Mill Brook was a larger and more thriving place than Dover in those
364 NEW JERSEY
days, about 1829-30. It had a grist mill, two saw mills, a fulling mill for
making cloth, a Methodist church, and a school. Halma Cisco had the
fulling mill. ' He afterwards left a thousand dollars to the Methodist
Episcopal church there, which was built in 1832. John A. Briant was
"brought in" at this church. He has been a good Methodist for yj years.
He has been the leader of the choir of the Methodist church in Rockaway
for thirty years. His wife sang a beautiful leading soprano and he sang
tenor. He learned music at the Mill Brook school. Henry Extell of
Morristown used to come over to Mill Brook and teach singing every
night in the week for one dollar a night.
Mr. Briant's wife was named Harriet Coe. He recently attended
the funeral of a relative, Ferdinand Briant of Center Grove. The services
were held at Mt. Freedom. He was very much delighted with Mr.
Osborne's discourse and the beautiful "quartet" or four-part singing of
In early days the Methodists of Dover used to hold religious services
in the little red school house, where Birch's feed store now is. The
Presbyterians worshipped in the Stone Academy. In 1838 Rev. James O.
Rogers, a Methodist minister of Rockaway, was appointed to preach in
this Dover public school.
He built the First Methodist church of Dover. That is what he was
"appointed" for. He just got on his horse and scoured the country and
collected money to build the new church.
Richard Brotherton was the mouthpiece of the Quakers in the early
days. He was known as a perfect honest man. In the Quaker meetings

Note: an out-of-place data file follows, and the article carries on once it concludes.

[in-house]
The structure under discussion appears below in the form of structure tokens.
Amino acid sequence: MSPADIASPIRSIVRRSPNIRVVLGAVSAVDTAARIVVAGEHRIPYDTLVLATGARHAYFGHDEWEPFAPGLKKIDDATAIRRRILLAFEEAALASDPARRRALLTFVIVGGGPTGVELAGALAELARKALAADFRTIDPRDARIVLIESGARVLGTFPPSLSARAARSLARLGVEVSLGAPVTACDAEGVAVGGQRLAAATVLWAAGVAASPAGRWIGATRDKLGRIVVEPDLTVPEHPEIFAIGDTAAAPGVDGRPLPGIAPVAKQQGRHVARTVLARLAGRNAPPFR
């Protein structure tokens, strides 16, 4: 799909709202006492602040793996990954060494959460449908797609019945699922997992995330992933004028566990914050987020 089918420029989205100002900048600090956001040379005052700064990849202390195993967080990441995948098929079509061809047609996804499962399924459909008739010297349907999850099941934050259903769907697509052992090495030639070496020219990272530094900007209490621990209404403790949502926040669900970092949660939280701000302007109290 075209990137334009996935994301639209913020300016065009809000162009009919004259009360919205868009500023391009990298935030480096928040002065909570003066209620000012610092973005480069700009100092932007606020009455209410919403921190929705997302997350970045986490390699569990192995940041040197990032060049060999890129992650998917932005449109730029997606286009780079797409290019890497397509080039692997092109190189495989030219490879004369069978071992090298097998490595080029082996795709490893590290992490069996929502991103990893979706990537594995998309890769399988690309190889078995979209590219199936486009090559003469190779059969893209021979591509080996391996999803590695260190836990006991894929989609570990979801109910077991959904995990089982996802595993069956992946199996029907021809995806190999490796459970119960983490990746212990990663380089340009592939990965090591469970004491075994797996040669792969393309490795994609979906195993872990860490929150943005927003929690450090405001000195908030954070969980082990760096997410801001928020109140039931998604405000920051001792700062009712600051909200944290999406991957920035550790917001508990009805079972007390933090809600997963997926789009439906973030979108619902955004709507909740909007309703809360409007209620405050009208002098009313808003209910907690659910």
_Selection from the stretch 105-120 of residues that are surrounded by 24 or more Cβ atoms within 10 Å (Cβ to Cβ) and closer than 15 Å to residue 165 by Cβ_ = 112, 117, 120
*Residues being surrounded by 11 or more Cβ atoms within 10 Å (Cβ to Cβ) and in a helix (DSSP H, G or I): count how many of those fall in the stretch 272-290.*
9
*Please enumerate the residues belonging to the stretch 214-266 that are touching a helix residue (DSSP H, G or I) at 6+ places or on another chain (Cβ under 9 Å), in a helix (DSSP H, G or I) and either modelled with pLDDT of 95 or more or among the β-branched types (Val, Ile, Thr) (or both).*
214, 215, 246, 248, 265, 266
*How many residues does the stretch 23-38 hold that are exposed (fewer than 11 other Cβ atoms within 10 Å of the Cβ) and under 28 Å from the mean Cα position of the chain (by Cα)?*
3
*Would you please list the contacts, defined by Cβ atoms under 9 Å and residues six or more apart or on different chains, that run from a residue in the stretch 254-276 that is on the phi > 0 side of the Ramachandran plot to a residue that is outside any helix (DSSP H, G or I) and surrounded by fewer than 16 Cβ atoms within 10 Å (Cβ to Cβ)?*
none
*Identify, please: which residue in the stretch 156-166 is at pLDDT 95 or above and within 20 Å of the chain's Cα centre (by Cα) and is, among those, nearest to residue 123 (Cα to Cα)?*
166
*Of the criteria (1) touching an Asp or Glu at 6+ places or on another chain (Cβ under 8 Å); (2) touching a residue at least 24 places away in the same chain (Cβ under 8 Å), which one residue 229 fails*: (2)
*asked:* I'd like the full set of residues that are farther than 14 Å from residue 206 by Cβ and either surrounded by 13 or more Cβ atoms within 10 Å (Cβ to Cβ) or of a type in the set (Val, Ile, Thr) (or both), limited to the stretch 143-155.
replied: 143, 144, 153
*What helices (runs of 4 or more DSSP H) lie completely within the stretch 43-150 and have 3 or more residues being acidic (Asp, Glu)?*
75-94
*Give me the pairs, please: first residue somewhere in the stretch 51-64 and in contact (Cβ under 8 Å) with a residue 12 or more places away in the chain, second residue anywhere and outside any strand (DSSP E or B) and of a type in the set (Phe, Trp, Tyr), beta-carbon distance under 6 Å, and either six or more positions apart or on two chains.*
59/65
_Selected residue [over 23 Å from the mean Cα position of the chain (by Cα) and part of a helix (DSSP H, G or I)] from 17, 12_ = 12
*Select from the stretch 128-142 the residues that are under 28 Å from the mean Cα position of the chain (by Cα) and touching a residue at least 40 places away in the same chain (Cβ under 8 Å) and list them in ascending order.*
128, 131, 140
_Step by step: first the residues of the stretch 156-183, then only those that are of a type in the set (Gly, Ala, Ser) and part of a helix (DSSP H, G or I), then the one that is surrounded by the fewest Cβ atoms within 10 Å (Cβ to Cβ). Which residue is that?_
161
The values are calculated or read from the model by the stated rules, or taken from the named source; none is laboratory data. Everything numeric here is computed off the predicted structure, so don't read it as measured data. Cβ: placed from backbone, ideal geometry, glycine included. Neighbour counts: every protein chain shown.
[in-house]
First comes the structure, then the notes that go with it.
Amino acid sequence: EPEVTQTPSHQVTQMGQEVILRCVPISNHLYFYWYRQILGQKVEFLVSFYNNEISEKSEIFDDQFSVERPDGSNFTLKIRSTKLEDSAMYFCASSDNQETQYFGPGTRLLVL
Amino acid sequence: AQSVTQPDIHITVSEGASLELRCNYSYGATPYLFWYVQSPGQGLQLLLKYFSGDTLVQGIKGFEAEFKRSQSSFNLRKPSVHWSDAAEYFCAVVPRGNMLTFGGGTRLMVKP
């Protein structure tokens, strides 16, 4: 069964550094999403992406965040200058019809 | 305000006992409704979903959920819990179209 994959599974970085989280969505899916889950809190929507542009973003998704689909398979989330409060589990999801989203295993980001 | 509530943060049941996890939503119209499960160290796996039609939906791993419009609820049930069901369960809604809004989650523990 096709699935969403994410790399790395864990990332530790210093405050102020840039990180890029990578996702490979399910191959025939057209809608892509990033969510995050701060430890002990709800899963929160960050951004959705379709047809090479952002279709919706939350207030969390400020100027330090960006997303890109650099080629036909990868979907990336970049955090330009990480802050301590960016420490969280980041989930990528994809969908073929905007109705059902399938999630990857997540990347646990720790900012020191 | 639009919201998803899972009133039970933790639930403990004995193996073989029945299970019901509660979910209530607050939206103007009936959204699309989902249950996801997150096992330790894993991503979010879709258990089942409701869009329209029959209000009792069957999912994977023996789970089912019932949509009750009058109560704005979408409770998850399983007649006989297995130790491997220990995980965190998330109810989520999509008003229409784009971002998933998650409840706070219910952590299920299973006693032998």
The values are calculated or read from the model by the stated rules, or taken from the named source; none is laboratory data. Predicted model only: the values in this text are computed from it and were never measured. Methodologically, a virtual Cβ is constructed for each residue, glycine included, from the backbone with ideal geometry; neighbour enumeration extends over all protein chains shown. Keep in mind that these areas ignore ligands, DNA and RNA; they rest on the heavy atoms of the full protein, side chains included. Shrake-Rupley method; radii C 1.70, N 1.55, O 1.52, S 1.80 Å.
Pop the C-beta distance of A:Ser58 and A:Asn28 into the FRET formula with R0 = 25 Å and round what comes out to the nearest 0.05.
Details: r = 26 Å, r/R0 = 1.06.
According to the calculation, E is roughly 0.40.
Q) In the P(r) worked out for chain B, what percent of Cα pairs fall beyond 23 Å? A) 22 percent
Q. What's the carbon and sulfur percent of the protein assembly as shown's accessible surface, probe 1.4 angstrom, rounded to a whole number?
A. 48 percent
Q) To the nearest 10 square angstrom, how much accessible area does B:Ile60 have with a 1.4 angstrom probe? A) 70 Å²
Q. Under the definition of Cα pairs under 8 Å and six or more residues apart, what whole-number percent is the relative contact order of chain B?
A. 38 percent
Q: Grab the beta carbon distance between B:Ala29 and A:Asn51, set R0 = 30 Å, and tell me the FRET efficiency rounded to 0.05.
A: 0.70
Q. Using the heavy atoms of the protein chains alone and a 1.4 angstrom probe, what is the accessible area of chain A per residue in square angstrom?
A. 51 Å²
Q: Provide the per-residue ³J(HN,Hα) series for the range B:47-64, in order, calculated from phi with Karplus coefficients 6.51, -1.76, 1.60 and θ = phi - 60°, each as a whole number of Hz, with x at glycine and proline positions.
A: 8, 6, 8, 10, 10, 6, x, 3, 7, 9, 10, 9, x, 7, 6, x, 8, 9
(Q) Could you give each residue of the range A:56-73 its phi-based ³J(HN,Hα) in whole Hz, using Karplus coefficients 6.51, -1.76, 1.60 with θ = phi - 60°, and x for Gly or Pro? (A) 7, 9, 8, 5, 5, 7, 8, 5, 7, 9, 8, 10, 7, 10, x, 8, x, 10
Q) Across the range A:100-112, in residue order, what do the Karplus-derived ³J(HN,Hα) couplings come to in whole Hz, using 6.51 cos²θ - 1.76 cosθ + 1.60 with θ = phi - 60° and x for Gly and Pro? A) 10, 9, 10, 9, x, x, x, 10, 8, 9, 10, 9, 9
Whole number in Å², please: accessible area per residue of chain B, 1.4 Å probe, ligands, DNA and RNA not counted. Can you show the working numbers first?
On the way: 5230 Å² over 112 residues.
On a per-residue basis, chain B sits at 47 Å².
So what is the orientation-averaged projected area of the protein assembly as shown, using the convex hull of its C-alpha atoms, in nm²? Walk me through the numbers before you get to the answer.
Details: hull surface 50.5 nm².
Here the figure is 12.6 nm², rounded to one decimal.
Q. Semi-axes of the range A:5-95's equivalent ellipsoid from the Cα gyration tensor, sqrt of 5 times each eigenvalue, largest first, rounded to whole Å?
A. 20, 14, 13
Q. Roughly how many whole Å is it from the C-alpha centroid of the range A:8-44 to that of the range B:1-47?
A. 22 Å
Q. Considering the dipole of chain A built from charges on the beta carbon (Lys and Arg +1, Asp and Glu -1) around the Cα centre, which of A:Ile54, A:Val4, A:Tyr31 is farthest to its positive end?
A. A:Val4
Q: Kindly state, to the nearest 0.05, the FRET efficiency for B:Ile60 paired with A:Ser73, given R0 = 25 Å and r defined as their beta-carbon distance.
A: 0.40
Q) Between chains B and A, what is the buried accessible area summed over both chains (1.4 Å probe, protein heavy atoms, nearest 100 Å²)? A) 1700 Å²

he sat up front on the platform and when they had sat through the meeting
and it was time to go he just tapped on the floor with his cane and
the meeting was over. That took the place of a benediction. They all got
up, shook hands, and went out â€” not a word. Thomas Dell owned a farm
near Mt. Fern and his son Thomas after him.
Dover was a center for the General Training of the militia for the
County. John Briant used to come down to Dover to see the General
Training, with all the Captains, and Colonels, and Generals drilling their
troops. He also came down to Fourth of July celebrations of the olden
time, when they had orations, and chorus singing, and a parade. There
was a Mr. Jackson, an able man, who taught school in Dover.
When I was speaking with Mr. Briant I spoke of today as Tuesday,
but he at once corrected me and showed me how to keep account of the
day of the week. He brought out a piece of board on which he had
written, the first thing that morning the name "Wensday." The next day he
will turn the board over and write Thursday. Then he will erase the
"Wensday" and can thus keep his reckoning about the days of the week
as they pass.
Mr. Thomas B. McGrath of Rockaway married Ella M. Cooper, one
of the Samuel Cooper family. See Margaret L. King, of Ironia.
Mr. David Bern' of Rockaway, July 2, 1913.
Mr. Berry showed me a number of old deeds of property, made out to
Titus Berry: i. Deed signed by John Jacob Faesch (the autograph evi-
dentlv by one accustomed to the German script) to Titus Berry of Pe-
quanack Â£ 68 2 s. 4 d. 178S. 2. Israel Canfield of Morristown to Titus
Berry 1802. 3. May 22, 1801. Silas Condict of Morristown to Stephen
Losey of Byram in Sussex Co. $82.00 Signed by Joseph Cutler, Lewis
MORRIS COUNTY 365
Condict, Joseph Lewis. 4. June 9, 1794. John Cory of IMendham to Titus